The Arkansas Democratic Party has shown some welcome signs that it understands the need to match the Republican messaging onslaught. Case in point today was a news conference by legislative leaders on Democrats' agenda for the coming legislative session. The bullet points:
* Keep the Fiscal session within the scope of its purpose — fiscal matters only — as was intended by the people of Arkansas.
* Keep the state budget within our means without raising taxes.
* Aim to keep the session on pace to adjourn on time or early and not waste taxpayer dollars.
* Work in a bipartisan manner to avoid the gridlock and grandstanding of Washington.
* Weigh all matters not only on their fiscal impact to the state and the taxpayer, but also on their economic impact to small business owners and industry throughout the state.
Is that a no-tax pledge? Does that mean there will be no solution for the gaps in fire coverage said to have been caused by layoffs at the Forestry Commission? Does that mean the truckers will get to keep their unearned sales tax exemption on truck and trailer purchases?
Does it mean no legislator will sneak through a special pleader little ol' handout bill? Prefilings already include at least one.
Bottom line: Obey the Constitution (balanced budget/30-day session) and go home without bickering.
The Republicans are messaging, too, of course. As they scream about a loss of firefighting protection, they essentially dare Democrats to pass a tax to cover the expense. They double-dog dare Democrats (unnecessarily, I should add) to roll back the improvident peanut gallery tax cuts passed in the last legislative session. And, of course, they inject fear of Obamacare, not wanting to let a day go by without reminding Arkansas voters of the black foreigner in the White House.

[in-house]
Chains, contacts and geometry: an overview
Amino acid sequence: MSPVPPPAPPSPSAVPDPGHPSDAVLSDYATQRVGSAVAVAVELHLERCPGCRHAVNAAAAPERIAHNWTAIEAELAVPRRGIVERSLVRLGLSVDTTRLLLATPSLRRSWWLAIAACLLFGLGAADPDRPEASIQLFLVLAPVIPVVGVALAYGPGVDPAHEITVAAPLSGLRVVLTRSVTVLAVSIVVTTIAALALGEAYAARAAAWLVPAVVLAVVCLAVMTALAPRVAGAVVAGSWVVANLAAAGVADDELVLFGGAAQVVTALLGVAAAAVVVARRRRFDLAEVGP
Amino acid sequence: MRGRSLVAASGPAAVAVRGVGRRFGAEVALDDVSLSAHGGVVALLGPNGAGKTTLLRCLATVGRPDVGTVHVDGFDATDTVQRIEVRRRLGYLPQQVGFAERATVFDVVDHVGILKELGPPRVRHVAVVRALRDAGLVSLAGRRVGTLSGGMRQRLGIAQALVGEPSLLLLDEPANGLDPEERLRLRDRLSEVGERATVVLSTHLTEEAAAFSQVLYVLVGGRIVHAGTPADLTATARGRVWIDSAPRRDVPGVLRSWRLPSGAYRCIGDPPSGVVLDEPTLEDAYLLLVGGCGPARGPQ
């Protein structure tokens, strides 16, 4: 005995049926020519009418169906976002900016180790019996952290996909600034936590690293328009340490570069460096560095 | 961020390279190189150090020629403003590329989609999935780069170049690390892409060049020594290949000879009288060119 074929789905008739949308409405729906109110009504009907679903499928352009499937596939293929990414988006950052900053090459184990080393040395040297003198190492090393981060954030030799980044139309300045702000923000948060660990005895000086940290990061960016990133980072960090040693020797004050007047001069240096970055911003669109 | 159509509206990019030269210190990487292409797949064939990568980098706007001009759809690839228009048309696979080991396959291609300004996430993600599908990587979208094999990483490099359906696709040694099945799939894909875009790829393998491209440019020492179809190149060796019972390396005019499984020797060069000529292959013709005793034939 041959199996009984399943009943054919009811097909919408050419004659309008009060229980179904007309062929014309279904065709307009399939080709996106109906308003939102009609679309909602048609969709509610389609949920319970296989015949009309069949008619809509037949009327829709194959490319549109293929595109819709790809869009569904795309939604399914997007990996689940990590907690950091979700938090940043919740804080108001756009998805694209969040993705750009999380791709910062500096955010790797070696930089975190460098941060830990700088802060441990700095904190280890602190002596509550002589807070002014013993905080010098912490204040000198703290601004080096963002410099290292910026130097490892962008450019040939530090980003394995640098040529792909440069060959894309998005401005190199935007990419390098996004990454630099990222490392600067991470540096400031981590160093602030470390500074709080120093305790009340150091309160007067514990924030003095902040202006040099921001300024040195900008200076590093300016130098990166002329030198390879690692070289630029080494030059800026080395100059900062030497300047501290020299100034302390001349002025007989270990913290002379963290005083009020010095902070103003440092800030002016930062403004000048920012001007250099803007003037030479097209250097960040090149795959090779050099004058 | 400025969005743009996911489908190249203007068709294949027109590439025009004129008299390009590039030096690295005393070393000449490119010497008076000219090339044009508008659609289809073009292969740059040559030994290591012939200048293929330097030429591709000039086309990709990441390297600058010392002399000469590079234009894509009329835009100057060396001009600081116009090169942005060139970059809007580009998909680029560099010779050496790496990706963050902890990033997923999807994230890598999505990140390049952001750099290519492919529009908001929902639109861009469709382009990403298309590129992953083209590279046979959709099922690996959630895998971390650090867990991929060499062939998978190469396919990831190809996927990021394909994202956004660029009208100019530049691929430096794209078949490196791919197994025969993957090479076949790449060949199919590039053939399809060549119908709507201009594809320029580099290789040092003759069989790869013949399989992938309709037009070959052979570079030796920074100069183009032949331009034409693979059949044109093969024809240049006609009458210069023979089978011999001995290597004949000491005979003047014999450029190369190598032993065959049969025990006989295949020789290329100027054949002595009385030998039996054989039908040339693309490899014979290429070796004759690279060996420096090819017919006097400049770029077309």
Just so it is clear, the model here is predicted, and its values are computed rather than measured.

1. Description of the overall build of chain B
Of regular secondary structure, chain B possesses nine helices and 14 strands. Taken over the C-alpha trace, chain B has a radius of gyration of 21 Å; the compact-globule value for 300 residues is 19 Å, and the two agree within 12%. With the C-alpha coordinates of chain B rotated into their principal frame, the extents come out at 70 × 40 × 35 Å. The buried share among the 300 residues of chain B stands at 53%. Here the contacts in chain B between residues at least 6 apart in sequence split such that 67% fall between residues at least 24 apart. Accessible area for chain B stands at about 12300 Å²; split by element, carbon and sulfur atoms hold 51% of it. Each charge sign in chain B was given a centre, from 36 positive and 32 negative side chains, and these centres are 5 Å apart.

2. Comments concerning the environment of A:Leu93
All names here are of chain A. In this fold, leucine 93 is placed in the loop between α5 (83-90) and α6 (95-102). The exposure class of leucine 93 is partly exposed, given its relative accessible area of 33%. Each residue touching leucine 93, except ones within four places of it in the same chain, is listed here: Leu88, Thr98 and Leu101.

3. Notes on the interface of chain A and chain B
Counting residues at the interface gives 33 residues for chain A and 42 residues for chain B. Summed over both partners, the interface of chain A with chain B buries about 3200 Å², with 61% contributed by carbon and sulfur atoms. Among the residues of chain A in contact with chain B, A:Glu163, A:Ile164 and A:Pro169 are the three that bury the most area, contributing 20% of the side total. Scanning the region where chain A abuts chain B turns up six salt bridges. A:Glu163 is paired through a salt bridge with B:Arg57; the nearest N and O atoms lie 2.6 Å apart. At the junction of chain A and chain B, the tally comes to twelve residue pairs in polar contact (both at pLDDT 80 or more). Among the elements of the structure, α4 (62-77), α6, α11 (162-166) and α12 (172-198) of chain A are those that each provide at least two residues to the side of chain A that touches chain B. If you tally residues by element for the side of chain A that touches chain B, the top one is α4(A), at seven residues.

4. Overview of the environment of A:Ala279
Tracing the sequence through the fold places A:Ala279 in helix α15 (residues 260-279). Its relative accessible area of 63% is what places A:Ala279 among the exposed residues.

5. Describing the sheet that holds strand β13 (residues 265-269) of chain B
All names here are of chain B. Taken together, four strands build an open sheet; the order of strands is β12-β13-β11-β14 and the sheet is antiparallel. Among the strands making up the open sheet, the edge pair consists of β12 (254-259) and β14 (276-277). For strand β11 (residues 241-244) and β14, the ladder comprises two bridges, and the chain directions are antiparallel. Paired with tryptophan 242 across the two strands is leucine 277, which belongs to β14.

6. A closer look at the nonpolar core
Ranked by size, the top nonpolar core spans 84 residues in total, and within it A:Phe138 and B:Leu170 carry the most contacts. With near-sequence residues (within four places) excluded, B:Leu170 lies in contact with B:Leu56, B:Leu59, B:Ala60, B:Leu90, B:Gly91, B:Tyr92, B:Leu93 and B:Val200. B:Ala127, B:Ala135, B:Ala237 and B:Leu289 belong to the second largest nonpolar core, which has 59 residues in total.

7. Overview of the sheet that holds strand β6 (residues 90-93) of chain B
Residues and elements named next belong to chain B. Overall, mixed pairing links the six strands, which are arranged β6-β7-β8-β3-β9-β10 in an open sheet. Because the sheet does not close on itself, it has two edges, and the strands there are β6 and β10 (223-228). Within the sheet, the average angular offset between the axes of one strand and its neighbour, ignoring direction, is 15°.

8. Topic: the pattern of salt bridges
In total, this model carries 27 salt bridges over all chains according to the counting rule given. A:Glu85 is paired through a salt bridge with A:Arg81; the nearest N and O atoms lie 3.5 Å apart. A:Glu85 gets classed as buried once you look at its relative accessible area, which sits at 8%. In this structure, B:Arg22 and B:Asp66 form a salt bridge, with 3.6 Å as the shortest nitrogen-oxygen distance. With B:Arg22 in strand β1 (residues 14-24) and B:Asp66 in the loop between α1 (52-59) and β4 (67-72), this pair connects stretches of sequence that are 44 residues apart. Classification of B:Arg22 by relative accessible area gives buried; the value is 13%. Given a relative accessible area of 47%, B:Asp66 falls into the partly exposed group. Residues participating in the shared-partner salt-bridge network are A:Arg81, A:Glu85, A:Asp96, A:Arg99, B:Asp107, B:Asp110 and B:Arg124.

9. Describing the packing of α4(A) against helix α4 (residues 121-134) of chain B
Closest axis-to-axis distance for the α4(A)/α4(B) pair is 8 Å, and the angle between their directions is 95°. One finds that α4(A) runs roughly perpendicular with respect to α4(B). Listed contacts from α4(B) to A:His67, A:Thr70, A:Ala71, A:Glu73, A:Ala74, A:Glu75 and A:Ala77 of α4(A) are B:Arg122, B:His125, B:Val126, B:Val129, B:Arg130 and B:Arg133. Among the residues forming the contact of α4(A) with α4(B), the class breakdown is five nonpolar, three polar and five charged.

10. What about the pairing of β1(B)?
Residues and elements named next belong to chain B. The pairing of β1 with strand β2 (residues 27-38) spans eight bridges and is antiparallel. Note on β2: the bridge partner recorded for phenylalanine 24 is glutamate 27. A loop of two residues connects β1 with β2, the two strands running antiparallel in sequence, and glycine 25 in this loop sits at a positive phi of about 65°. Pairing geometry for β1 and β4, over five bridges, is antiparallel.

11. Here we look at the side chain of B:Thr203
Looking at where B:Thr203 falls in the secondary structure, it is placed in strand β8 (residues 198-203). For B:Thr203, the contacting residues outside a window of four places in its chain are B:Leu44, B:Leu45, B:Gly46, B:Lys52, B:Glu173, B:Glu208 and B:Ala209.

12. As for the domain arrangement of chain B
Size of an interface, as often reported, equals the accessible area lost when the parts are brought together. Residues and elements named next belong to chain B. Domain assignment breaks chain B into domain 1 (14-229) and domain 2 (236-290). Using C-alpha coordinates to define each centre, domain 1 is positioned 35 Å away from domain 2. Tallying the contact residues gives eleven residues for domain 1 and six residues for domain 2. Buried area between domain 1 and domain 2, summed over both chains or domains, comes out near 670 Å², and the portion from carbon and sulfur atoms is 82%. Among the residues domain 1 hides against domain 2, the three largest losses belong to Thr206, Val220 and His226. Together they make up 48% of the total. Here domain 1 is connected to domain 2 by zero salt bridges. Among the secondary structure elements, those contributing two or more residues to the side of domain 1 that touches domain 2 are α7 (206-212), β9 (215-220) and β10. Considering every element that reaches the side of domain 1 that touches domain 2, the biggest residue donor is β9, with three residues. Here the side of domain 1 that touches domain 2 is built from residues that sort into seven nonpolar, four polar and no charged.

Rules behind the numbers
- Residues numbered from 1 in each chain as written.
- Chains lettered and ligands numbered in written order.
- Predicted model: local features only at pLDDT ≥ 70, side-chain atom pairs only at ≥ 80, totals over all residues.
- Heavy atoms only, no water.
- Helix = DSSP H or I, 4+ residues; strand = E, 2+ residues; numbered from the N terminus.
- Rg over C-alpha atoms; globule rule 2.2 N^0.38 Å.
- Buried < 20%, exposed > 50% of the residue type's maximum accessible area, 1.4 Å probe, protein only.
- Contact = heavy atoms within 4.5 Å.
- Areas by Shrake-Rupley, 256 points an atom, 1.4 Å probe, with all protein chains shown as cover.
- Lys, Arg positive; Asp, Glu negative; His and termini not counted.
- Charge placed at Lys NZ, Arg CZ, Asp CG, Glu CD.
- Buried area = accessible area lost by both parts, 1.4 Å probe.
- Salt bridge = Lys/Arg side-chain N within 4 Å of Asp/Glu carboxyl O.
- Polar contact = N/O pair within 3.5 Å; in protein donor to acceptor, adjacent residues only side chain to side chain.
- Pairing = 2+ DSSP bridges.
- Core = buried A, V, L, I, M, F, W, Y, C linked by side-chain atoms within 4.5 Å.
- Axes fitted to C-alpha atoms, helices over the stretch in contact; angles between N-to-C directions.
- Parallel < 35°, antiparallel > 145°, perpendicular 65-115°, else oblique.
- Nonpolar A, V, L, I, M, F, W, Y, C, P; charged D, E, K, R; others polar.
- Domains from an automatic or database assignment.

Can the Republicans resist throwing a legislative stink bomb? Like blocking the Blind School budget or similar?
DEMOCRATIC PARTY RELEASE
(LITTLE ROCK) The majority leadership of both chamber of the Arkansas state legislature outlined five guiding principles for the upcoming fiscal session, calling for lawmakers to keep to fiscal matters without raising taxes and keeping the budget within its means.
State Senate majority leader Robert Thompson and state House majority leader Johnnie Roebuck outlined the five principles with the majority Party leadership and members of the General Assembly. The five principles included:
Keep the Fiscal session within the scope of its purpose — fiscal matters only — as was intended by the people of Arkansas.
Keep the state budget within our means without raising taxes.
Aim to keep the session on pace to adjourn on time or early and not waste taxpayer dollars.
Work in a bi-partisan manner to avoid the gridlock and grandstanding of Washington.
Weigh all matters not only on their fiscal impact to the state and the taxpayer, but also on their economic impact to small business owners and industry throughout the state.
“Our state has seen progress. Under the leadership of Governor Beebe and Arkansas Democrats in the legislature, our state announced over 28,000 new jobs, was named fifth in nation for overall education, and maintained a balanced budget while delivering on the largest tax cut in the history of our state,” Sen. Robert Thompson said. “Certainly, our work is not done, but there is a time and a place for everything. Now is the time to ensure our fiscal house remains strong.”
“Arkansas was one of only four states in the country to enter the last fiscal year without a budget shortfall,” Rep. Johnnie Roebuck said. “We must continue that same fiscal health during this fiscal session and keep to the people’s business in a timely manner because good politics will lead to good policy.”
The full fiscal session begins Monday, February 13 with committee meetings.